Cladistian autapomorphic and synapomorphic traits
The bichirs have a remarkable number of autapomorphic (unique, derived) traits. Their median and paired fins are unlike those of any other major taxon. Bichirs are also referred to as “fl agfins” because the 5–18 dorsal finlets each consist of a vertical spine to which are attached horizontal rays, giving them a “fl ag and pole” appearance. In all other ray-finned fishes, the dorsal fin rays emerge as vertical bony elements from the body of the fish. The pectoral fin is lobe-shaped but constructed differently from the lobe fins of lungfishes and crossopterygians, or for that matter, any other fish, living or extinct. The supporting structures of the pectoral fin are shaped like a wishbone with a flat plate (Fig. 13.14B). A. S. Romer, a leader of modern vertebrate paleontology, referred to the polypterid pectoral fin as a “peculiar and overelaborated development” (Romer 1962, p. 198).
Other apparent autapomorphic traits include relatively few and small chromosomes (Denton & Howell 1973); the structure, arrangement, replacement, and differentiation of teeth (Wacker et al. 2001); and possession of only four rather than five gill arches, the fi fth having been lost (Britz & Johnson 2003). And recoil aspiration breathing is performed by no other known extant group.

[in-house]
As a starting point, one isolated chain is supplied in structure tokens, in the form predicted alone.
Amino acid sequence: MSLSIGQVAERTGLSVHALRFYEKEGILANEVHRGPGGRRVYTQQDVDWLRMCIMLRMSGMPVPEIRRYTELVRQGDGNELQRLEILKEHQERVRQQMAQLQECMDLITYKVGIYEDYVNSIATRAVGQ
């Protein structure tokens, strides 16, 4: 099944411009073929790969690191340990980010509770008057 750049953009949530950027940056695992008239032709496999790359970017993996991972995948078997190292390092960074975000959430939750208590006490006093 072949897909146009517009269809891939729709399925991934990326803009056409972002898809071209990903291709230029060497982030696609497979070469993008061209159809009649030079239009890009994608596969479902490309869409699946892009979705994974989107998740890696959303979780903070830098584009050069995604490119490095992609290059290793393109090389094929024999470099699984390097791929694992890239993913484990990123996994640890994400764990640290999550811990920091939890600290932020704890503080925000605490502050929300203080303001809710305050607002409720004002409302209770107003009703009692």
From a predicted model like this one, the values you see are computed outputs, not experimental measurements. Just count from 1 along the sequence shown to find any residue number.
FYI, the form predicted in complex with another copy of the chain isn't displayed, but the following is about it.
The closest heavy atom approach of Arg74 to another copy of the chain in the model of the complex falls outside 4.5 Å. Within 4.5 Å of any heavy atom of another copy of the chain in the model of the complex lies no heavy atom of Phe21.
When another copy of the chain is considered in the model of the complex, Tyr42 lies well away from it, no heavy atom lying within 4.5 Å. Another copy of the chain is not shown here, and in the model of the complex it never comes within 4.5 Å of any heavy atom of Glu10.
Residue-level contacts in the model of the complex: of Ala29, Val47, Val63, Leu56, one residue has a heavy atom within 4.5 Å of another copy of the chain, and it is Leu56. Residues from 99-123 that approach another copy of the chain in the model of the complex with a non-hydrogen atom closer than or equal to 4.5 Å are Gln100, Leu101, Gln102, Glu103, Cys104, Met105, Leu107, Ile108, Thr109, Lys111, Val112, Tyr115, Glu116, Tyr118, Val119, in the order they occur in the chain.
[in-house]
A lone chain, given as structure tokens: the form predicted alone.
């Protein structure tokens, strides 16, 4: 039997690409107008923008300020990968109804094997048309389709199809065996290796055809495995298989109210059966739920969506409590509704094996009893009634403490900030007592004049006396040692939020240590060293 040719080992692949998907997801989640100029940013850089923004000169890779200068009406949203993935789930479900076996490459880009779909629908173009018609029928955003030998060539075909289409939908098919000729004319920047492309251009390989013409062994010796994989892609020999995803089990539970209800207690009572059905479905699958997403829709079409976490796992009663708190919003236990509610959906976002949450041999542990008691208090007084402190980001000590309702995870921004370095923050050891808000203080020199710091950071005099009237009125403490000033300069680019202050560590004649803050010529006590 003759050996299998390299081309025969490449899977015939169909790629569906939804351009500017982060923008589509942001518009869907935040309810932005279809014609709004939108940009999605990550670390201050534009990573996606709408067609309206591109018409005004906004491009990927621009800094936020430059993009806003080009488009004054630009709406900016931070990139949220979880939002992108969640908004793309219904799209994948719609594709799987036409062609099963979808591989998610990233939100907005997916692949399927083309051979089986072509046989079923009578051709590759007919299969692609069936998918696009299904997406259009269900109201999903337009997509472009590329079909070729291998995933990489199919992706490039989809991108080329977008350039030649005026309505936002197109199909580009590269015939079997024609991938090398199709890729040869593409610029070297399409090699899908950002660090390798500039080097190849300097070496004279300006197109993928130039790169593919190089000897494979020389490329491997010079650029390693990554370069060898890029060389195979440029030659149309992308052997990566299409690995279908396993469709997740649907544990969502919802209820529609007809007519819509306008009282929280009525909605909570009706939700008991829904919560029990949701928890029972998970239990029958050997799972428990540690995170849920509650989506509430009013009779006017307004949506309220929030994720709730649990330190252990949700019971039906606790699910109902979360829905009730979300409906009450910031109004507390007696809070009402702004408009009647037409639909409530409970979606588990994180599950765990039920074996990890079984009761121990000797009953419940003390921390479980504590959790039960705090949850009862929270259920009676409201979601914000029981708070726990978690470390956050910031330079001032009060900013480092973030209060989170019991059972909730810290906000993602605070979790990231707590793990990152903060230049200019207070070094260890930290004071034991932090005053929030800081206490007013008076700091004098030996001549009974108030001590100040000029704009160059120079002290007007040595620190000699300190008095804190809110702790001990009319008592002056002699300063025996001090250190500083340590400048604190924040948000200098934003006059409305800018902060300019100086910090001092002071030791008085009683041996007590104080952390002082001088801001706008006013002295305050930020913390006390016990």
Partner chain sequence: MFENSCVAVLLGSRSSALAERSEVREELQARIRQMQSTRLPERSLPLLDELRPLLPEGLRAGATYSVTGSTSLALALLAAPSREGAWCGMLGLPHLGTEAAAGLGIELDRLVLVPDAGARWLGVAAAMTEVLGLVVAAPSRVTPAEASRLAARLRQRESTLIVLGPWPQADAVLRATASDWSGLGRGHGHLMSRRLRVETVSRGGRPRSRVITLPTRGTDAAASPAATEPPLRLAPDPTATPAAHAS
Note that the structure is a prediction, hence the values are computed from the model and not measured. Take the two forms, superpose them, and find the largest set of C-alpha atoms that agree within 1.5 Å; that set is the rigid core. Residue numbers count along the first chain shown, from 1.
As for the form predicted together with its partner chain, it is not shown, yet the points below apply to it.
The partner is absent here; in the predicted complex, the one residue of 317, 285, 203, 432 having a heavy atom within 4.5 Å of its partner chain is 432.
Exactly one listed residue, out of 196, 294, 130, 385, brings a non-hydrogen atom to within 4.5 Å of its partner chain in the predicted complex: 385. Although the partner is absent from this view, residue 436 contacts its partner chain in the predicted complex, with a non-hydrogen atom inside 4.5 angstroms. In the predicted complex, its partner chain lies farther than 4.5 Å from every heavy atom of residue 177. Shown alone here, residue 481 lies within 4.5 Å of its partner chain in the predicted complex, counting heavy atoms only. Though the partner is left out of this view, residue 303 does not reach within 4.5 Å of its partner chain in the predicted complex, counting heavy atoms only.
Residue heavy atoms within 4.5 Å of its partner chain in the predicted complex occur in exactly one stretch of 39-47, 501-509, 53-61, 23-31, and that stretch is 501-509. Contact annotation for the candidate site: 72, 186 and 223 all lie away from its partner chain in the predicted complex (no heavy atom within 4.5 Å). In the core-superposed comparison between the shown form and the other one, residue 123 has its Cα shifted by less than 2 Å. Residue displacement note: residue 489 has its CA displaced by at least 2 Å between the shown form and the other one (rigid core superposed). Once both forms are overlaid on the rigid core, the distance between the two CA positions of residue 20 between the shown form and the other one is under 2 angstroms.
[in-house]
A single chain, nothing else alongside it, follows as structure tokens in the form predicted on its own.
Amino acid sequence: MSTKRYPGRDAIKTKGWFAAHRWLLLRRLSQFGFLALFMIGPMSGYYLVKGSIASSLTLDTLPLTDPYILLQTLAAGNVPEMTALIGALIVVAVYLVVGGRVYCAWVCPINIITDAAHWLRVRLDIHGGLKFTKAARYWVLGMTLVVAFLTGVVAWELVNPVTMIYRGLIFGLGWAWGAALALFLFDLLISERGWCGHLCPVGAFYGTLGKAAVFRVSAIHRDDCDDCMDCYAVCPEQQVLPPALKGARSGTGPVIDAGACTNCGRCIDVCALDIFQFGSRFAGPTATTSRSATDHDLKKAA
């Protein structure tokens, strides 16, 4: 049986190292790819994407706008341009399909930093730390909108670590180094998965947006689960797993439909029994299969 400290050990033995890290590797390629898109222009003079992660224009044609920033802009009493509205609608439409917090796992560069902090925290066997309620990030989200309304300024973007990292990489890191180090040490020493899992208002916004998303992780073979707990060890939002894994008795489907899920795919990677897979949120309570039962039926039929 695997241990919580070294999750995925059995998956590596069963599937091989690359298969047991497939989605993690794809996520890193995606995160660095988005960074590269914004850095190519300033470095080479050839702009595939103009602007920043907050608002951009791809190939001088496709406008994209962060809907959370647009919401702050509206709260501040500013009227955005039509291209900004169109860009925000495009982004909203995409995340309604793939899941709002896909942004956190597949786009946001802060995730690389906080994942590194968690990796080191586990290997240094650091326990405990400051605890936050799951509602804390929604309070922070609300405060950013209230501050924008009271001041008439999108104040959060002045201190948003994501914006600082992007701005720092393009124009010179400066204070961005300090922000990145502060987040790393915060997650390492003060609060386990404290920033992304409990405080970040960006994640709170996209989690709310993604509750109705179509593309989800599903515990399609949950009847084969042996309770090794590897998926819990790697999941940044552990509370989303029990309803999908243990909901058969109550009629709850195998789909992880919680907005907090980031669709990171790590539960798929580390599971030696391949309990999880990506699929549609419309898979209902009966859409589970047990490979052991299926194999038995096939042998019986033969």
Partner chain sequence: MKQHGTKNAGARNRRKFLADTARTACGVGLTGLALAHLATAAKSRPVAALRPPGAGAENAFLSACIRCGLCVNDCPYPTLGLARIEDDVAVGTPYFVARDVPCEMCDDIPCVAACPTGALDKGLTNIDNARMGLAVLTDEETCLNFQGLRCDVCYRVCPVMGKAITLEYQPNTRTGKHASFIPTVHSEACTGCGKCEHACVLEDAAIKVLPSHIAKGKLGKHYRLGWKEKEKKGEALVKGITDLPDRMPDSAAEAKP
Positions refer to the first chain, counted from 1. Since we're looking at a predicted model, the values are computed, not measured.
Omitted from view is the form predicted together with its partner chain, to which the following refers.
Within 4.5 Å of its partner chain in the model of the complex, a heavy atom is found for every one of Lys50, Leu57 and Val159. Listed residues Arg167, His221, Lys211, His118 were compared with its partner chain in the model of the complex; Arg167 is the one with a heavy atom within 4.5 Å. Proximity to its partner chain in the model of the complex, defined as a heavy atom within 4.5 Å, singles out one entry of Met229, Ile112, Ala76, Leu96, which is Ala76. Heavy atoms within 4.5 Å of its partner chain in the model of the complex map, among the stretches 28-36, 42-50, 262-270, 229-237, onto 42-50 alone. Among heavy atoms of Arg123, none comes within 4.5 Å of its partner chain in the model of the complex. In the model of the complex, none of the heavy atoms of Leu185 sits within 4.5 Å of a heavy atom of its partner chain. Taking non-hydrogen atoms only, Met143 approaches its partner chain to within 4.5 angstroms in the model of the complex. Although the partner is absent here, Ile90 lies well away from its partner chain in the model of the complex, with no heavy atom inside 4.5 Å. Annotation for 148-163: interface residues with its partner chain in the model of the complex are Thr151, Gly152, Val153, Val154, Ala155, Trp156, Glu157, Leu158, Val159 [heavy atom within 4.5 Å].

The placement of cladistians at the base of bony fish phylogeny is justified by a number of derived traits shared with the rest of the Actinopterygii. These characters include egg structure, nuclear DNA-coded genes, Hox-A gene sequences, mitochondrial DNA and amino acid sequences, and cranial skeleton morphology and function (Bartsch 1997; Bartsch & Britz 1997; Venkatesh et al. 2001; Chiuet al. 2004; Kikugawa et al. 2004). These and other synapomorphies make the Cladistia “the sister group of all other actinopterygians” (Nelson 2006, p. 88), rather than a sarcopterygian or a chondrostean. The issue appears to be settled.
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